Regina v Sewa Singh Gill and Paramjit Singh Gill: CACD 31 Jul 2003

The appellants sought to challenge their convictions for cheating the Inland Revenue. They were accused of having hidden assets and income from the revenue. The appellants objected to the use at trial of material obtained in a ‘Hansard’ interview. At such interview admissions are accepted as a basis for settling civil liabiity, but expressly excluding compromise of any criminal action.
Held: The IR statement that the Code of Practice did not apply at this stage was incorrect. Plainly the officers suspected serious crime, and any practice allowing them to obtain evidence without first cautioning the defendant was wrong. However the admission of the evidence would not have had such an adverse effect on the fairness of the proceedings that the court ought not to have admitted it. The judge had adequately directed the jury as to the defendants domicile.
Mr Justice Astill Lord Justice Clarke The Common Serjeant
[2003] EWCA Crim 2256, Times 29-Aug-2003, Gazette 02-Oct-2003
Taxes Management Act 1970 105, Police and Criminal Evidence Act 1984 Code C s66
England and Wales
CitedRegina v Barker CCA 1941
In the course of investigating the defendant for tax faud, he was interviewed by the Inland Revenue. Relying upon a standard statement by the revenue, the appellant produced two ledgers which had been fraudulently prepared in order to induce the . .
CitedRegina v Allen HL 11-Oct-2001
The defendant appealed against a finding that he had concealed an emolument, namely accommodation. He said that, as a shadow director of the company within the extended meaning of that phrase under the Act, the deeming provisions under Income Tax . .
CitedSaunders v The United Kingdom ECHR 17-Dec-1996
(Grand Chamber) The subsequent use against a defendant in a prosecution, of evidence which had been obtained under compulsion in company insolvency procedures was a convention breach of Art 6. Although not specifically mentioned in Article 6 of the . .
CitedAllen v United Kingdom ECHR 10-Sep-2002
The court rejected as inadmissible an application challenging admissibility of evidence obtained from him by the Revenue either by compulsion or inducement.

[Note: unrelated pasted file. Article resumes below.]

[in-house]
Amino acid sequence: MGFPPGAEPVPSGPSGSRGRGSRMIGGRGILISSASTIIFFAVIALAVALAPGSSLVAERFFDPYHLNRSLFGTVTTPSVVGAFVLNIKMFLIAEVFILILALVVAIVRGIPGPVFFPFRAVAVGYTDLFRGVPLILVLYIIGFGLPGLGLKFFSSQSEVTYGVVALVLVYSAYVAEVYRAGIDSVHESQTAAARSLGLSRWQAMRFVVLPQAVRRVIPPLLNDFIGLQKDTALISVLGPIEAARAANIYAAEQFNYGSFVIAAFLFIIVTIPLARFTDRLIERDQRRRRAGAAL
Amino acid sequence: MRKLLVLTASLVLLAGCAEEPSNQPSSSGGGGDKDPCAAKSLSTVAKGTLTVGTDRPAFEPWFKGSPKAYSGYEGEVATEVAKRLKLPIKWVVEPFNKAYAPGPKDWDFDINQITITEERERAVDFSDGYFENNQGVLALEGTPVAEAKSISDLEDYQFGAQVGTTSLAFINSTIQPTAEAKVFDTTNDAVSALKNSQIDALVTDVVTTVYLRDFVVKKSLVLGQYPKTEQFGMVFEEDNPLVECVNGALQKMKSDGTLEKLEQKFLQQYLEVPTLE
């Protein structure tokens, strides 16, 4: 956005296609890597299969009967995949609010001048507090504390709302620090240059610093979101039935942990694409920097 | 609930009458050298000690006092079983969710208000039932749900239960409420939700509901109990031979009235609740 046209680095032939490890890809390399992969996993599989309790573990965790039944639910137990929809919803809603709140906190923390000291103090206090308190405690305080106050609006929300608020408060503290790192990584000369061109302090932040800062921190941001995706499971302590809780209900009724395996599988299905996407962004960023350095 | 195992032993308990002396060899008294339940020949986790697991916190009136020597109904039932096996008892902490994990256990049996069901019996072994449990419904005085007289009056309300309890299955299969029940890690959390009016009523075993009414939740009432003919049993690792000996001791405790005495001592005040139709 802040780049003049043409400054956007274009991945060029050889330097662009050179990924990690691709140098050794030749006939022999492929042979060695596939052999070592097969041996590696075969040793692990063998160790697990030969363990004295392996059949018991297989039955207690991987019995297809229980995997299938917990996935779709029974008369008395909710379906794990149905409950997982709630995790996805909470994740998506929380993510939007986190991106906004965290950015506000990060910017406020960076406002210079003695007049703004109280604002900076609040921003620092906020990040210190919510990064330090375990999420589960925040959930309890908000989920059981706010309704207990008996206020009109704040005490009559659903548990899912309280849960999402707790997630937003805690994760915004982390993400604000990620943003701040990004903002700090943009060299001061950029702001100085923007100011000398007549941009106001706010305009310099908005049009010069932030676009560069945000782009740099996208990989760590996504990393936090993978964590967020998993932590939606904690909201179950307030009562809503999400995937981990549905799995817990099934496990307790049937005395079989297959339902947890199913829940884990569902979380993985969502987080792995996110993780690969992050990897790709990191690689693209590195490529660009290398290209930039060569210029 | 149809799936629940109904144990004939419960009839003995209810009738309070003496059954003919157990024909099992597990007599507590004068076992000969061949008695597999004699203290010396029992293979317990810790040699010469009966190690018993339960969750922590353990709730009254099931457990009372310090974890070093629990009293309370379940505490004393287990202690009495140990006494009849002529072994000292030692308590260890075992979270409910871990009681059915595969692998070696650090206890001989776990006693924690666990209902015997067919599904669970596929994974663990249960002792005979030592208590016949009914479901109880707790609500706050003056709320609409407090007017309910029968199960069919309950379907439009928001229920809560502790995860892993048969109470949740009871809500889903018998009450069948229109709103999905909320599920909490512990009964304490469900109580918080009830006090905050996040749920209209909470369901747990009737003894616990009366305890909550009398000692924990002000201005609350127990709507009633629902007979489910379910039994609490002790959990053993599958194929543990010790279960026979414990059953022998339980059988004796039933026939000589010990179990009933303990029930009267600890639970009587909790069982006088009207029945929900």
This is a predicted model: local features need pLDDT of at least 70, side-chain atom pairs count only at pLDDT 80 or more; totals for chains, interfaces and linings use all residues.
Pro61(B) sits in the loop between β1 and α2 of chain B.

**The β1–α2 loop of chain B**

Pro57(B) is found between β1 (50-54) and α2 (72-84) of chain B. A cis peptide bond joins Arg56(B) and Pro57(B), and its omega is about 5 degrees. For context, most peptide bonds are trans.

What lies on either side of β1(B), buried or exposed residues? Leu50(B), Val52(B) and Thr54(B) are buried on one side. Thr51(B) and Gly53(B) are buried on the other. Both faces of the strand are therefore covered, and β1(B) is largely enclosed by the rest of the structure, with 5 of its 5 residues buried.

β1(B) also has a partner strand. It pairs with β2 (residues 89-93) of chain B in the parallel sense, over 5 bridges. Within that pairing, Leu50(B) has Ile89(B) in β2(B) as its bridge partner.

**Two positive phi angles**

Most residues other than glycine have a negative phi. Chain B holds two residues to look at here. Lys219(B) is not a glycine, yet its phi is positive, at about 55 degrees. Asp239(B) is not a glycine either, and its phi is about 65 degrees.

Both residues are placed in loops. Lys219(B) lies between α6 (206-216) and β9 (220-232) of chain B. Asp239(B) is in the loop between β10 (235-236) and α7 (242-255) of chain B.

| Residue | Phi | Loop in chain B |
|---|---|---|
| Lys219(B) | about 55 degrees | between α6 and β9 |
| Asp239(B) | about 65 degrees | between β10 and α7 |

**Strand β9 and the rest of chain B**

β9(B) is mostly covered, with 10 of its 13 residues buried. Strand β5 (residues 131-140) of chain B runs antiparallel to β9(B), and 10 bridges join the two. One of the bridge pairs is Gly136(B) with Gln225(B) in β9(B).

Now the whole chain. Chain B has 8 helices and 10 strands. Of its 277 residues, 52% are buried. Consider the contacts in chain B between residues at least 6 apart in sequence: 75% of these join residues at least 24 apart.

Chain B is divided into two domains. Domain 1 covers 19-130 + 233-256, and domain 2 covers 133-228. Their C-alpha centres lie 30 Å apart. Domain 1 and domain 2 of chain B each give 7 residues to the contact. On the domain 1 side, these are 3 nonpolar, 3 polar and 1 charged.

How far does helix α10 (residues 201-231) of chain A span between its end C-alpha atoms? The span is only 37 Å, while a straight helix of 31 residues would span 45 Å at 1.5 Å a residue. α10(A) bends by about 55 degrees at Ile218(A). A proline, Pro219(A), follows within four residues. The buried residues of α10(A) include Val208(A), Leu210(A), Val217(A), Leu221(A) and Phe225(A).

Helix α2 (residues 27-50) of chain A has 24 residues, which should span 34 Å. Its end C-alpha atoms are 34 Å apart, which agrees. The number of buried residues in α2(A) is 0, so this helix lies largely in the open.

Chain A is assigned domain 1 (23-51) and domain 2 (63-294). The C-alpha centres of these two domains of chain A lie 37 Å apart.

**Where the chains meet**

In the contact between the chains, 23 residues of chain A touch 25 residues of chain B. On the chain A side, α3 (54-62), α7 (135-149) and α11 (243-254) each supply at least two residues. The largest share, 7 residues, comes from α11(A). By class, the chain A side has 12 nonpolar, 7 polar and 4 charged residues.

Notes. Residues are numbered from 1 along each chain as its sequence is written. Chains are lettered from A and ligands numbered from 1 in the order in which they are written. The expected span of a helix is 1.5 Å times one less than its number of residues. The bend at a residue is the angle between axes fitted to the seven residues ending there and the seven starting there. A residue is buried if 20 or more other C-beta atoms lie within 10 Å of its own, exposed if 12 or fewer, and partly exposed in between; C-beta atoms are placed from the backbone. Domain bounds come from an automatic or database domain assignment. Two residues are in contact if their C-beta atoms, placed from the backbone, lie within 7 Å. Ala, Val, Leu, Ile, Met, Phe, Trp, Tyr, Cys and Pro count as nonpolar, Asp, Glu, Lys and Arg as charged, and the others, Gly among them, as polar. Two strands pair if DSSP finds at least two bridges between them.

Held: ‘The Court notes that in this case the applicant does not complain that the . .
CitedRegina v Okafor CACD 10-Nov-1993
The appellant, a Nigerian national, arrived at Gatwick Airport from Nigeria with a single item of luggage, namely a suit carrier. He was asked a number of questions, in particular whether he had packed the luggage himself and whether everything in . .
CitedRegina v Absolam CACD 1990
A was arrested. He was already on bail for possession of cannabis, and in the hope finding further evidence he was asked to empty his pockets, ‘and put the drugs on the table’ he did so and admitted selling drugs.
Held: The procedure should . .
CitedRegina v Grannell CACD 1990
The complainat had seen the burglar/defendant, noted his car number and later identified the car to the police. He identified the defendant from a group identification, but the codes of practice were not followed.
Held: Though the Codes had . .
CitedRegina v Delaney CACD 11-Jan-1990
Delaney was 18 and with a low IQ. On first interview for indecent assault, he denied the offence, but later came to admit it. The police admitted first minimising the seriousness of the offence, but he alleged greater pressure, resulting in a later . .
CitedRegina v Quinn CACD 15-Mar-1994
Police must follow the published Code of Practice, when conducting identity parades, and may not substitute their own. If the evidence is allowed in despite the breach, the judge should explain the significance of the breach to the jury, as it may . .
CitedHan and Yau t/a Murdishaw Supper Bar, and Others v Commissioners of Customs and Excise CA 3-Jul-2001
The applicant claimed that proceedings under which he had been accused of fraud in dishonestly evading VAT liability were in reality criminal proceedings and that the minimum standards of a fair trial applied.
Held: The characterisation under . .
CitedHenderson v Henderson 1967
The court considered what was required to establish a domicile at law: ‘First, clear evidence is required to establish a change of domicile. In particular, to displace the domicile of origin in favour of the domicile of choice, the standard of proof . .

These lists may be incomplete.
Updated: 17 February 2021; Ref: scu.184914